A newspaper article about a Comegato sighting from web series “Tracking the Comegato.” Photos courtesy of Kate Kaminski

Bigfoot. The Mothman. Nessie. The Jersey Devil. Comegato.

Cryptids are creatures that most definitely exist, even if nobody’s ever really presented scientific evidence, snapped a non-blurry image or actually captured one. Legends of these cryptozoological beings proliferate, mutate and multiply through folk tales, oral history and kids’ tingly tales around generations of campfires. The internet has sped that process up exponentially, with new lurkers in the darkness and new wrinkles on old monsters gaining traction daily.

“Fair enough,” readers might concede, “but what’s that ‘Comegato,” you slipped into the list of well-known beasts?”

Good catch, as the Comegato is Maine’s newest addition to the cryptozoological monster manual. Here’s what we know so far:

Even the name is mysterious.

According to Maine filmmaker Kate Kaminski, who, alongside Gitgo Productions partner Betsy Carson, has just released the web series “Tracking the Comegato,” the creature’s name has a suitably ghoulish meaning. “It’s a combination of the Spanish words for ‘eat’ and ‘cat.’ ”


A sketch of the Comegato by Wilfred James Rosario.

For those who’ve seen it, the Comegato is terrifying.

As described by intrepid filmmakers Kaminski and Carson – who set out to capture footage for “Tracking the Comegato” in the Maine woods armed only with an iPhone and a zoom recorder – this newly discovered Maine cryptid stands around 5 feet tall. That wouldn’t be all that imposing, if it weren’t an impossible hybrid of human and weasel, possessing eerily human eyes and a mouthful of blunt human teeth, and is prone to scurry through the darkness, sniffing the air with seemingly malign purpose.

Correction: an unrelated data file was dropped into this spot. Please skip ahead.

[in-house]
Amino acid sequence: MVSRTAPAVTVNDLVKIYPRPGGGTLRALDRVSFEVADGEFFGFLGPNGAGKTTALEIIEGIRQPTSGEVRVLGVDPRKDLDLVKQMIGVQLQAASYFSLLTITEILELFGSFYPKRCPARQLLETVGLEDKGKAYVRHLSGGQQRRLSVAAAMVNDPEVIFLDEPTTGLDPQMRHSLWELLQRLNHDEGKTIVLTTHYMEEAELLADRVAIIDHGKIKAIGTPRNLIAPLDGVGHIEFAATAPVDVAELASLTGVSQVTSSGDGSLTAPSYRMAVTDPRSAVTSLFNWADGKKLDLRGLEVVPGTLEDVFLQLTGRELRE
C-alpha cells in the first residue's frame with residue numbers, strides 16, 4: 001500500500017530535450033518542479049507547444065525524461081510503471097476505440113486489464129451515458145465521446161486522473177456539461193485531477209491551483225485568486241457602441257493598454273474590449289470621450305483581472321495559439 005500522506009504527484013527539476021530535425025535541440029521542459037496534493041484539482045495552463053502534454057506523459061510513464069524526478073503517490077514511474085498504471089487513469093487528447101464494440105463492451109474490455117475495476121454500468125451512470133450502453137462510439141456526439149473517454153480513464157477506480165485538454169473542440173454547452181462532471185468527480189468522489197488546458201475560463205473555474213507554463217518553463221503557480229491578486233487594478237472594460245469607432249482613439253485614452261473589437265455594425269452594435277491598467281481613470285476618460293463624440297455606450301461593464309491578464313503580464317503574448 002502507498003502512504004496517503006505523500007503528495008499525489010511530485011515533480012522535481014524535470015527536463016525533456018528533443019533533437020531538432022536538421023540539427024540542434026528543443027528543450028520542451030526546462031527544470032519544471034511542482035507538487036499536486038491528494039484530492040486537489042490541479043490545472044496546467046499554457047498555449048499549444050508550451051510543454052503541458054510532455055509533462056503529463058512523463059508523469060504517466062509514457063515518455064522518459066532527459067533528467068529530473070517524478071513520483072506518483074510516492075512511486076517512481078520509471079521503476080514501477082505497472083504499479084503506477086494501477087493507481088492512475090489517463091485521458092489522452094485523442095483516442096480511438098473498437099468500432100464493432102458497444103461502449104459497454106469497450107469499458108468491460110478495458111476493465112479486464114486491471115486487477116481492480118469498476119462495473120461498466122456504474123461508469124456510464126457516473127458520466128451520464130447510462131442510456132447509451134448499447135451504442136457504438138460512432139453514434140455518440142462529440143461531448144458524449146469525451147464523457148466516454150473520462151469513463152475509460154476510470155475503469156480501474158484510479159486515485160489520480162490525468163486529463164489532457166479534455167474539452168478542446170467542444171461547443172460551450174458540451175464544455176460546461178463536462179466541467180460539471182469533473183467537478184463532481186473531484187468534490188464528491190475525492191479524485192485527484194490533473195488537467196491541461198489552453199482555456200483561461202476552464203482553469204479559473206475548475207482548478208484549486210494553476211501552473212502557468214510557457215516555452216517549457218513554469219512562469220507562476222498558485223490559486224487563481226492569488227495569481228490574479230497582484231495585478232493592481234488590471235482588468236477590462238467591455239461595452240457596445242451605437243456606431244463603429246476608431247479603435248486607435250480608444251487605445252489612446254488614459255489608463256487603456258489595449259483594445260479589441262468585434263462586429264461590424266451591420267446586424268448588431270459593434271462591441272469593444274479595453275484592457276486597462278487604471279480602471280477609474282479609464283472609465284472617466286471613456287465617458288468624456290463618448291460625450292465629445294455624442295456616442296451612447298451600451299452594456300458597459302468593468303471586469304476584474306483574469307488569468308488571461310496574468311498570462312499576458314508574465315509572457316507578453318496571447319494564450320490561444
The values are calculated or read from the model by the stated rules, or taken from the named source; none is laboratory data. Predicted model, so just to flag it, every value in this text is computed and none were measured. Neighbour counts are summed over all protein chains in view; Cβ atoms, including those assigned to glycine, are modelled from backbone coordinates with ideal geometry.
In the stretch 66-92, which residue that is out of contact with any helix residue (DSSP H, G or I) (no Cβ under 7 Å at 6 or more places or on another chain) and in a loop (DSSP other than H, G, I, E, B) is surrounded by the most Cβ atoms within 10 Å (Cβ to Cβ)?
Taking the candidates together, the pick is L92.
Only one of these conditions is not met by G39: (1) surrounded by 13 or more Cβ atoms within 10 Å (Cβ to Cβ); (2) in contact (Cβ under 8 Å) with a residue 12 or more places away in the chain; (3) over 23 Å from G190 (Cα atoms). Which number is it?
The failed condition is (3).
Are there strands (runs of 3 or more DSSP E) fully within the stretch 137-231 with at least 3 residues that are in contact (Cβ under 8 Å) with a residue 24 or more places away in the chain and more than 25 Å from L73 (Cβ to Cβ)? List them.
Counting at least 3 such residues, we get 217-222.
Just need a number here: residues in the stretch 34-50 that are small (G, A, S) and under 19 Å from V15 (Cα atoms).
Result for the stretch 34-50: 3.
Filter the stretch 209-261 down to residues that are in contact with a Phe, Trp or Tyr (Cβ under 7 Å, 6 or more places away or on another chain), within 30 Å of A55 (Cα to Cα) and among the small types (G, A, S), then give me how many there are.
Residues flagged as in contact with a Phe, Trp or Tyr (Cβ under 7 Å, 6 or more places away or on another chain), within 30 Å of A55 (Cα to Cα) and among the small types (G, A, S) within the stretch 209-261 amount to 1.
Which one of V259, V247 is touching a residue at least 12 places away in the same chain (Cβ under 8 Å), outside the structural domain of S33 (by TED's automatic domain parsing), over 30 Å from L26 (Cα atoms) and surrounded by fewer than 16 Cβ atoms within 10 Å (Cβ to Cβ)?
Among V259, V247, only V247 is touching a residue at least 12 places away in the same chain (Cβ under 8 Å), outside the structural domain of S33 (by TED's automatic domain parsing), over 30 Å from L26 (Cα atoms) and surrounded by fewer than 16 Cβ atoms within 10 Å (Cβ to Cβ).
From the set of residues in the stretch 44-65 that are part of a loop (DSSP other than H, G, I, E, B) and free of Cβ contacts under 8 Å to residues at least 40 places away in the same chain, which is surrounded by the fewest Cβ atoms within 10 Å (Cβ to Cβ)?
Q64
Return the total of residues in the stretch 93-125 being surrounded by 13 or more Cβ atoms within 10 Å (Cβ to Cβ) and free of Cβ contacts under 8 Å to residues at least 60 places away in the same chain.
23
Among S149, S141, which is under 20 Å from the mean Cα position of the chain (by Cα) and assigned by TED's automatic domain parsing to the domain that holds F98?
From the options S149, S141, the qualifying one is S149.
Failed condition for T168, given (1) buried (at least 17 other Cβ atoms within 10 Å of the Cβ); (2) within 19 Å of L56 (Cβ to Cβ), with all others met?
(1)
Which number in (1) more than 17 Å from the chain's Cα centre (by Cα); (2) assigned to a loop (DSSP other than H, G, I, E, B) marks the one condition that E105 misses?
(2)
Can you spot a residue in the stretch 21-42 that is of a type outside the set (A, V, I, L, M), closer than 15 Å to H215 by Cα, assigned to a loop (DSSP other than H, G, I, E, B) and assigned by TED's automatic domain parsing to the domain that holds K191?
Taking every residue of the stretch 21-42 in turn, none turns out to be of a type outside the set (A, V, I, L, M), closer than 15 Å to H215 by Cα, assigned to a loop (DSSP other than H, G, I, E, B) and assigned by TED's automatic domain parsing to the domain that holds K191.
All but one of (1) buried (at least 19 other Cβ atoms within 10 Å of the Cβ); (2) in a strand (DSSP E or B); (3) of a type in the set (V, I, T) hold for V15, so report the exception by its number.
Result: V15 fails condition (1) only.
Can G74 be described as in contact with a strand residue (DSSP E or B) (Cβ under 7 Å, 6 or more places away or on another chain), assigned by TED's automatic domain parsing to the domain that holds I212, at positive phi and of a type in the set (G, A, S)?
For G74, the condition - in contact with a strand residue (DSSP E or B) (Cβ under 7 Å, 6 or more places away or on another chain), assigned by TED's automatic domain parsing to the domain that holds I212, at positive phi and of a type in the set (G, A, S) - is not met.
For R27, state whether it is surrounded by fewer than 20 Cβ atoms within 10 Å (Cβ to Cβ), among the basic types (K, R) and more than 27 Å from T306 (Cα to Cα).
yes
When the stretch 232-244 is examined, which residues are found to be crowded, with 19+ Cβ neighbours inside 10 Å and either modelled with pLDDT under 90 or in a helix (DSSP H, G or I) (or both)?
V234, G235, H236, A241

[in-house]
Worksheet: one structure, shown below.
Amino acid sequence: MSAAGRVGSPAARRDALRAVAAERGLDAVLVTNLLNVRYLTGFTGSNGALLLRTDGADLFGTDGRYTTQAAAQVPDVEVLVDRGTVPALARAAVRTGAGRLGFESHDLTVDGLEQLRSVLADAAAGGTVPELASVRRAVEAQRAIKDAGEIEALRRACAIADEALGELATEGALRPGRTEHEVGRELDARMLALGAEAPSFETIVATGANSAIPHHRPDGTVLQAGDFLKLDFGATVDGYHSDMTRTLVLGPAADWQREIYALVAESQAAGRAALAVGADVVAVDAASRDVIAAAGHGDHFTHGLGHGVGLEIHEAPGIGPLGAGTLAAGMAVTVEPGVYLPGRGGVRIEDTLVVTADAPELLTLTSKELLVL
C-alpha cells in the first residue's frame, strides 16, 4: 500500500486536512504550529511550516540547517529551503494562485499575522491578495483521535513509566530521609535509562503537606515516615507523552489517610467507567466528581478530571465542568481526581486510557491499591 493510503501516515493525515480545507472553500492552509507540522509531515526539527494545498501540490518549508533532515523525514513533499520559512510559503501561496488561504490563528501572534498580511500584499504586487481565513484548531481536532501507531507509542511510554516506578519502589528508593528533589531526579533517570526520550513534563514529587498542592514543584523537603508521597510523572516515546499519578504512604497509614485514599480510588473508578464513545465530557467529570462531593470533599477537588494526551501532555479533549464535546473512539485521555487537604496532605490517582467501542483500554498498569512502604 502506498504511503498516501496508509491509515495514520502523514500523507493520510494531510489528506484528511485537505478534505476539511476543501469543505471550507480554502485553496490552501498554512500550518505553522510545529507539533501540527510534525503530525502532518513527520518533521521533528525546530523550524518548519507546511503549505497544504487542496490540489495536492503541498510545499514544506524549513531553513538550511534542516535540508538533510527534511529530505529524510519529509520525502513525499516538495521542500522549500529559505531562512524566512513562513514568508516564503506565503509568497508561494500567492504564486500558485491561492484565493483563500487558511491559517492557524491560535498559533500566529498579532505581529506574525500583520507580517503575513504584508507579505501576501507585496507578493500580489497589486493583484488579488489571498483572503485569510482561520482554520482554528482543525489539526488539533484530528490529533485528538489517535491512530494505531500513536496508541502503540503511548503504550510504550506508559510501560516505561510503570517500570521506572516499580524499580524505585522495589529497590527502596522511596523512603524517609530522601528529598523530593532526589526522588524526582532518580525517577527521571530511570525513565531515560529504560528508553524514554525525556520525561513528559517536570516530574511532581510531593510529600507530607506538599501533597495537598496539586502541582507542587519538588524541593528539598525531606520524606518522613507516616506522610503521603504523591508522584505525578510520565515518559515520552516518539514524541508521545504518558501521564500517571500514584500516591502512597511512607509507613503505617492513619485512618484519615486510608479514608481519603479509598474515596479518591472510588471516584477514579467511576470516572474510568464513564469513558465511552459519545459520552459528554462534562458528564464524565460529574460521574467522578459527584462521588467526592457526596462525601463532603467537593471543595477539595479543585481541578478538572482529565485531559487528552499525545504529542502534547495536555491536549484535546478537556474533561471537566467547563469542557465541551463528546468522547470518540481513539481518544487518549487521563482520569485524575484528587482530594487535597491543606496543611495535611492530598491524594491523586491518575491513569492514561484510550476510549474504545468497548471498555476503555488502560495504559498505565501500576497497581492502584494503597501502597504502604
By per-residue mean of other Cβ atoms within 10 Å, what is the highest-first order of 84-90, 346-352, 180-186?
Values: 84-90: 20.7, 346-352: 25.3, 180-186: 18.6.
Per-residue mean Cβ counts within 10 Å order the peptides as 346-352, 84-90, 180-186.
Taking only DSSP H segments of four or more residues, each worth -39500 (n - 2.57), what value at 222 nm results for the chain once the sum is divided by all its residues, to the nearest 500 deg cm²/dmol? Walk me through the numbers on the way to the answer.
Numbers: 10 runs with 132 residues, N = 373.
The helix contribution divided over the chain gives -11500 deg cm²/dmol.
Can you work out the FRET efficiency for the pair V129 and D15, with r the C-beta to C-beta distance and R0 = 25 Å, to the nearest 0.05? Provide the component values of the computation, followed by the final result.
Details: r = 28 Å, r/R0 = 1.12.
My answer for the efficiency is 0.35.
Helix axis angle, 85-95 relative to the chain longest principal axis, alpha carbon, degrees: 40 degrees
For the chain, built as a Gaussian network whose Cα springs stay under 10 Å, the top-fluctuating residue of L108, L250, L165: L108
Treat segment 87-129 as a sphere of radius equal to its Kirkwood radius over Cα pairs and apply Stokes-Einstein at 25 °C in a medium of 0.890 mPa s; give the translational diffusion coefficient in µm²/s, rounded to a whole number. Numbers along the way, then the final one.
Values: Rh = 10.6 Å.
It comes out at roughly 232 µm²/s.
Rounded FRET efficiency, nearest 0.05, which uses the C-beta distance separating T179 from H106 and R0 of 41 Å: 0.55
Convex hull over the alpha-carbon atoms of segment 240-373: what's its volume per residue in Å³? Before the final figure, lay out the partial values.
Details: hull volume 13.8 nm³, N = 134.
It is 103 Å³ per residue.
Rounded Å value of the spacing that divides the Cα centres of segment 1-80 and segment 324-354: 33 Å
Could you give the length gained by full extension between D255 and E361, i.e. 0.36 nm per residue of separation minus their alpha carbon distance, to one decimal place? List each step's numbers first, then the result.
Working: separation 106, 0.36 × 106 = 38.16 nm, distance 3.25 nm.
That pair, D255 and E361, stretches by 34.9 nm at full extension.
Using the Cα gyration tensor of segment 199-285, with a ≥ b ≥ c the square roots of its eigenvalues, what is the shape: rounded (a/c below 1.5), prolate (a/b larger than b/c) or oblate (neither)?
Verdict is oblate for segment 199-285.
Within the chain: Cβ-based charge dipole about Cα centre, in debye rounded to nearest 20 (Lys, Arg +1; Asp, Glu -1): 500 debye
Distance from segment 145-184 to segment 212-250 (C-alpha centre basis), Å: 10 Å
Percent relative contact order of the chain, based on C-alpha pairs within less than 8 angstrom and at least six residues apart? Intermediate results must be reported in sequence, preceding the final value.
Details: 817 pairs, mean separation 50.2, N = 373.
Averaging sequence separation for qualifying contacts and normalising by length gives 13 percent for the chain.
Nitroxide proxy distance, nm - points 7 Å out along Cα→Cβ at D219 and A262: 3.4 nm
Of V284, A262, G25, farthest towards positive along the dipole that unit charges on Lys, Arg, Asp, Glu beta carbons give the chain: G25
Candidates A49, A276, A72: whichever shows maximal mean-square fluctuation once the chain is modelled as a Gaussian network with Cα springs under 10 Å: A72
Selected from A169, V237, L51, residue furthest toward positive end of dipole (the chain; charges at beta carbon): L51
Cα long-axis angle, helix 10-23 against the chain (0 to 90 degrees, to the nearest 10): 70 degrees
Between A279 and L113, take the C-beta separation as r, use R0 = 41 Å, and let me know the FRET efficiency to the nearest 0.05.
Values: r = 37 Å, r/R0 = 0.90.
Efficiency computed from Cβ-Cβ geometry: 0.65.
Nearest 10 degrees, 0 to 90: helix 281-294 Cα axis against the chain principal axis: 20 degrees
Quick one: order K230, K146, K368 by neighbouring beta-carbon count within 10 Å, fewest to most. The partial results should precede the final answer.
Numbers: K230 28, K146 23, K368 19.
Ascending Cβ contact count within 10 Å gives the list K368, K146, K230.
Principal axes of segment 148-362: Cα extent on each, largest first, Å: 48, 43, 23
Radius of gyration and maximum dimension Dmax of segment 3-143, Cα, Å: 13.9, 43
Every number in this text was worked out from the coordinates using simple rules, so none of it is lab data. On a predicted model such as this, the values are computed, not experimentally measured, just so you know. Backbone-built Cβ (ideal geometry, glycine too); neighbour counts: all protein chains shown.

The Comegateo wants your lobster.

As Kaminski explains, Gitgo Productions’ extensive research, involving interviews and reenactments with still-terrified humans (both Mainers and from away) suggest that the Comegato has an obsessive love (or hatred) of Maine’s signature crustacean delicacy. According to the rundown provided in advance of the series’ debut last week, the Comegato can smell lobster in dumpsters, campsites and even on the clothes (and perhaps even the digestive tracts) of diners foolhardy enough to eat the expensive crustaceans in its vicinity.

The Comegato’s attacks are as unsettling as it is.

According to the testimony of terrified victims in “Tracking the Comegato,” the creature’s M.O. is one of stealth – and nibbling. Said Kaminski, “It only has these ineffectual little teeth, so it’s not going to kill you.” What it does have is acid saliva that numbs lobster-stuffed victims flesh enough that they don’t realize the Comegato has struck until they’re staring directly into the furred face of what is also aptly also known as the Maine Weasel-Man.


The Comegato’s backstory is as heartbreaking as it is illuminating.